Back in the eighteenth century the Good Doctor, Samuel Johnson, chastised his Boswell . . . who happened to be James Boswell . . . for ostentatiously giving a gratuity of one shilling (12 pence) for a service for which the customary remuneration was 6 pence. If memory serves, it was the tip to a porter for helping hand down passengers’ baggage from a coach.
|James Boswell, Samuel Johnson's Boswell|
Johnson’s rationale was that by doubling the compensation, Boswell made the recipient dissatisfied with the sixpences offered by everyone else, and tempted him to give lower quality service unless others also doubled the fee. Boswell had increased the cost of a common service or product with no increase in quantity, quality, or value to the customer.
In 1914, Henry Ford more than doubled the base wage at the Ford Motor Company from $2.34 per day, to $5.00 per day for certain classes of machinists and widows with children. He was soon forced to raise it across the board for every Ford worker or face a strike.
Other automakers had to raise their base wages in order to keep trained workers. Riots ensued in the middle of a Michigan winter — which destroyed a number of small businesses and were broken up with fire hoses — when vast numbers of unemployed workers descended on Detroit to apply for jobs at Ford.
|Henry Ford and his horseless carriage|
Ford’s unilateral increase in wages without any corresponding increase in productivity is credited with being the “official” start of the modern wage-price inflationary spiral (“cost-push inflation”). Combined with Keynesian monetary theory intended to stimulate demand by issuing massive amounts of government debt (“demand-pull inflation”), the U.S. economy was eventually ground between the upper and nether millstones of increasing the costs of production with no increase in production, and creating demand without producing anything at all. Jobs either disappeared as workers were replaced with more productive (and thus lower relative cost) technology, or went to lower wage areas where workers would produce the same goods at less cost.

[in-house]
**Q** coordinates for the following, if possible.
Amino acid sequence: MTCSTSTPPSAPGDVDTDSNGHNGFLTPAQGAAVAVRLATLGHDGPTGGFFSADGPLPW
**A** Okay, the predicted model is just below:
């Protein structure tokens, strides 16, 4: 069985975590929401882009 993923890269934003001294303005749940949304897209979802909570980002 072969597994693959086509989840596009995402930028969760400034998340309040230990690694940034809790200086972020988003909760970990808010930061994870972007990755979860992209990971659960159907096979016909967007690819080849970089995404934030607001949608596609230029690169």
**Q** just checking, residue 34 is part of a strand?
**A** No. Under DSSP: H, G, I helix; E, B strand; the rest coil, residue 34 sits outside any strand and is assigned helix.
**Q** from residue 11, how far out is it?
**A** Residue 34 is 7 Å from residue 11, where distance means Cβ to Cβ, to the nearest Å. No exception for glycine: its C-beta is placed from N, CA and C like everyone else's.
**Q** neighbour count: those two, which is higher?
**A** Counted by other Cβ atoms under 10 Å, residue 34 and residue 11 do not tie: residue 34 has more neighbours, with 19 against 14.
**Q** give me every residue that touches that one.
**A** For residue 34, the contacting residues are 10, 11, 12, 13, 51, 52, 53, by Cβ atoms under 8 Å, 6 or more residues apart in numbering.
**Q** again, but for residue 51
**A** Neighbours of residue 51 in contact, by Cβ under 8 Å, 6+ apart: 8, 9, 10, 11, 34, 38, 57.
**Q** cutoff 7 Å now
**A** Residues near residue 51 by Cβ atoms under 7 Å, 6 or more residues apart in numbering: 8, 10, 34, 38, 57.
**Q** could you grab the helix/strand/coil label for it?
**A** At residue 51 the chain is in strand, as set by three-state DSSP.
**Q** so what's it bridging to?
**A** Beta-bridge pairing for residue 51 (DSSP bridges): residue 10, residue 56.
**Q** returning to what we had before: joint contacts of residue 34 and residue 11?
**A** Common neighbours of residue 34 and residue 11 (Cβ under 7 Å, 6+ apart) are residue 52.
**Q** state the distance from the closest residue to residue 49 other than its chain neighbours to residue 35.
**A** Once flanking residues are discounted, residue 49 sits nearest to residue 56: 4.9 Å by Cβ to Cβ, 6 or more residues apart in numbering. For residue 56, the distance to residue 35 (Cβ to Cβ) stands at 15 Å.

The lesson here is that increase the cost of anything without a corresponding increased benefit, and you decrease demand for it. How much you can increase the cost or price of something varies according to the “elasticity of demand” for a particular good or service, but regardless how inelastic or elastic demand might be, if the price keeps going up, eventually everyone will be priced out of the market.
At least Boswell and Ford were playing with their own money. Three years ago the city of Seattle, Washington, decided to play with other people’s money, and mandated the gradual implementation of a $15.00 per hour minimum wage. When the increases started, studies showed no change in employment, although the data sometimes appeared a little questionable.
What did change was the cost of living. Rents started increasing, forcing people on fixed incomes to find lower cost housing in the city, or move. While not factored in to employment statistics (most people on fixed incomes are retired), there was a spate of angry articles about greedy landlords and price-gouging grocers, etc., as if such increases were unheard of in the wake of across the board pay increases . . . as happens inside the Washington, DC Beltway every time the government gives an across the board increase.